2020 Summer Work for AP Research
- To help you explore and select your area of focus and topic of inquiry for a long-term research project.
- To prepare to develop a research question in early September.
- You will have read and written about 10 texts, 5 for each possible topic within your area of focus, and answered some reflection questions to help you choose which topic of inquiry you will pursue as you begin to narrow the scope of your research.
- LO 1.1C: Identifying a topic of inquiry.
- EK 1.1C1: Topics of inquiry may come from personal interest, passion for a discipline/field, desire to better understand a topic, or desire to address an issue in the world.
- EK 1.1C3: Inquiry allows for the discovery of connections that can increase curiosity or understanding and lead to further questions.
- LO 1.2A: Retrieving, organizing, and using prior knowledge about a topic.
- EK 1.2A3: Inquiry confirms or challenges one’s existing understandings, assumptions, beliefs, and/or knowledge.
- LO 1.3A: Accessing and managing information using effective strategies.
- EK 1.3A1: Information used to address a problem may come from various secondary sources (e.g., articles, other studies, analyses, reports) and/or primary sources (e.g., original texts and works, material culture, or personally collected data such as from experiments, surveys, questionnaires, interviews, observations, personal narratives).
Rubric (each section of the assignment will be scored separately):
- 100: Thoroughly addresses all aspects of the section; uses correct word choice, grammar, and structure throughout.
- 93: Thoroughly addresses all aspects of the section; uses correct word choice, grammar, and structure with few mistakes that do not confuse the reader.
- 87: Addresses all aspects of the section but could be more developed; uses correct word choice, grammar, and structure with some mistakes, but the text largely makes sense.
- 76: Only gives simple answers to questions or is missing some parts of the section; word choice, grammar, and structure mistakes make some parts of the reading confusing.
- 65: Answers are generalized and could apply to many texts or topics or are too short; writing is disorganized and difficult to understand.
- 50: The response exists and addresses one part of the section; the writing is too confusing to be meaningful.
Each section of this assignment will be submitted in its own Google Classroom assignment. Make sure you’re paying attention to the directions in each specific post about what to upload and where.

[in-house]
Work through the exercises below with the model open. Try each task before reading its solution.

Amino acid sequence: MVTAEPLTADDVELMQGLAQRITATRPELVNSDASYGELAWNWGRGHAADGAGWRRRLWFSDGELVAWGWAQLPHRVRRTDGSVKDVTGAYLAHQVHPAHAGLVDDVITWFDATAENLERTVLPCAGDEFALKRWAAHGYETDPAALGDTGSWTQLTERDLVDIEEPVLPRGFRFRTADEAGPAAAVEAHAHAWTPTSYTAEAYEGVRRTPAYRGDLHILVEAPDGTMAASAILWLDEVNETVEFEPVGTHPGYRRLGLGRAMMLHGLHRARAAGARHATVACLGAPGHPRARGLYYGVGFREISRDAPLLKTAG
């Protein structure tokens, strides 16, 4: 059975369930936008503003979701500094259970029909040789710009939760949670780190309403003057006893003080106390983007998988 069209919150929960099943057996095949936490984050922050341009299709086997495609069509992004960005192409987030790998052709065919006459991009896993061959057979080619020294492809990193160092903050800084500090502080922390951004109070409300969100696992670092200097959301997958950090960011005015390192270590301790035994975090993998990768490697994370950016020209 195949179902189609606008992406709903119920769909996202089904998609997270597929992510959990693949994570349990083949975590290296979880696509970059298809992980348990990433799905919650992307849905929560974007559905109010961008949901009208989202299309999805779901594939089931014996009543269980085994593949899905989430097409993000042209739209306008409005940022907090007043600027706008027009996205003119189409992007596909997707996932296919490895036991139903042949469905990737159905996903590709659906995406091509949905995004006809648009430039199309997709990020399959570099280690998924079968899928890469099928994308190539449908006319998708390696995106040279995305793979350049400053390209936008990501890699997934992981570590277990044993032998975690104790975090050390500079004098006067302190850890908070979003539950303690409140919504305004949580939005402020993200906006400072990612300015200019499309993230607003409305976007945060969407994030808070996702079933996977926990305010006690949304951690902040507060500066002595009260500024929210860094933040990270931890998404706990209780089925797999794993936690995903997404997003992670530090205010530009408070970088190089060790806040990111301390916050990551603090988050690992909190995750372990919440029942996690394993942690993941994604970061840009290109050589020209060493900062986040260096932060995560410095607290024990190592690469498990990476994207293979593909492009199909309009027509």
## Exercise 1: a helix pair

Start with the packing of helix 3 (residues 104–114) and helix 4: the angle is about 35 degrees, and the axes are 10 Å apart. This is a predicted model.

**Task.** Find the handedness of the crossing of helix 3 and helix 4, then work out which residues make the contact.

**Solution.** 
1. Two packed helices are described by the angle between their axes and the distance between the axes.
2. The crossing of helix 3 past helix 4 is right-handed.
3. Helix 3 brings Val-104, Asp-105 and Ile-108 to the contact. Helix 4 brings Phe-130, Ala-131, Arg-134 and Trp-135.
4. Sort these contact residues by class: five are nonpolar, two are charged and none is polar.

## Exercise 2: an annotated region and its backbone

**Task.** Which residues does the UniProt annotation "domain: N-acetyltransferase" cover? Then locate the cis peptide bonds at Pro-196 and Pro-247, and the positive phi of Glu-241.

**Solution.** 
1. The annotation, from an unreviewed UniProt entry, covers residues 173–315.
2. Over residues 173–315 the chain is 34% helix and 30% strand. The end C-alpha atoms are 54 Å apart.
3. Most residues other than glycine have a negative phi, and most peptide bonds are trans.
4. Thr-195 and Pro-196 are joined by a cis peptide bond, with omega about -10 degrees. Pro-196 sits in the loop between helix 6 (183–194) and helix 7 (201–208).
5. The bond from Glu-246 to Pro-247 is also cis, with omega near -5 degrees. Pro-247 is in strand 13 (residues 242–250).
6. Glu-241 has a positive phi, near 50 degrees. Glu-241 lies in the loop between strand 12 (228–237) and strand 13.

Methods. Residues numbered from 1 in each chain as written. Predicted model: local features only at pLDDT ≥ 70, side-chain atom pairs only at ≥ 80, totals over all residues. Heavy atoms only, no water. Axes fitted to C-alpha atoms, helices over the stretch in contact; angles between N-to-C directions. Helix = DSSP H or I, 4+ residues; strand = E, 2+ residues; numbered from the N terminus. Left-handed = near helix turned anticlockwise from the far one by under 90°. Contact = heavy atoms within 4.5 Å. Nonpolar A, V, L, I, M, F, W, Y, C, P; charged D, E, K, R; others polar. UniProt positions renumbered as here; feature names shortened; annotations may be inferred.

Section 1 (LO 1.1C)
- Select your primary area of inquiry. Within this area, select two issues or topics you are interested in exploring and developing into a research project. Then, respond to the following using an academic style of writing, paying attention to the word requirements:
- Why are you interested in this particular area of focus? What intrigues you or inspires you when you think about developing some expertise in this particular field? (250 words - Due June 8 at the start of class)
- Issue/Topic 1 - What interests you about this? What are you curious about? What might be some reasons for and against pursuing this topic of inquiry? (250 words - Due June 10 by the end of the day)
- Issue/Topic 2 - What interests you about this? What are you curious about? What might be some reasons for and against pursuing this topic of inquiry? (250 words - Due June 15 at the start of class)
Section 2 (LO 1.2A and LO 1.3A) -Topic 1 general sources due July 9 & peer reviewed sources due July 23 / Topic 2 general sources due Aug. 13 & peer reviewed sources due Aug. 27
- For each topic of inquiry, locate and read/watch/listen to five sources. Three of these do not need to be peer-reviewed, but they do need to be serious texts. These can include newspaper and magazine articles from reputable sources, documentaries and films, interviews, books, and non-traditional texts like artworks or music. The other two texts should be from peer-reviewed sources. After reading each text, do the following:
- Create a bibliographic citation for the source (APA format, please).
- Summarize the key ideas, arguments, and/or findings in the source (100 words).
- Explain why the source’s ideas, arguments, or findings are credible, relevant, and/or valid (50 words).
- Analyze how the ideas might be useful to research (100 words). This can include:
- Questions raised by the reading which are worth future exploration
- Ideas/information which are foundational to understanding a topic or theory
- Data which confirms or contradicts a hypothesis or another set of findings
Section 3 (LO 1.1C x3) - Due Sept. 3
- Return to your possible topics of inquiry. For each topic, write 200 words addressing the following:
- What new questions or ideas have emerged as a result of reading your set of five sources about this topic?
- Consider the pros and cons of studying this topic over the next eight months including feasibility and interest. What are your thoughts at this point?
Section 4 (LO 1.1C x1) - Due Sept. 10
- And finally, answer this one question in 250 words:
- What topic or focus are you going to select for your research project? Why?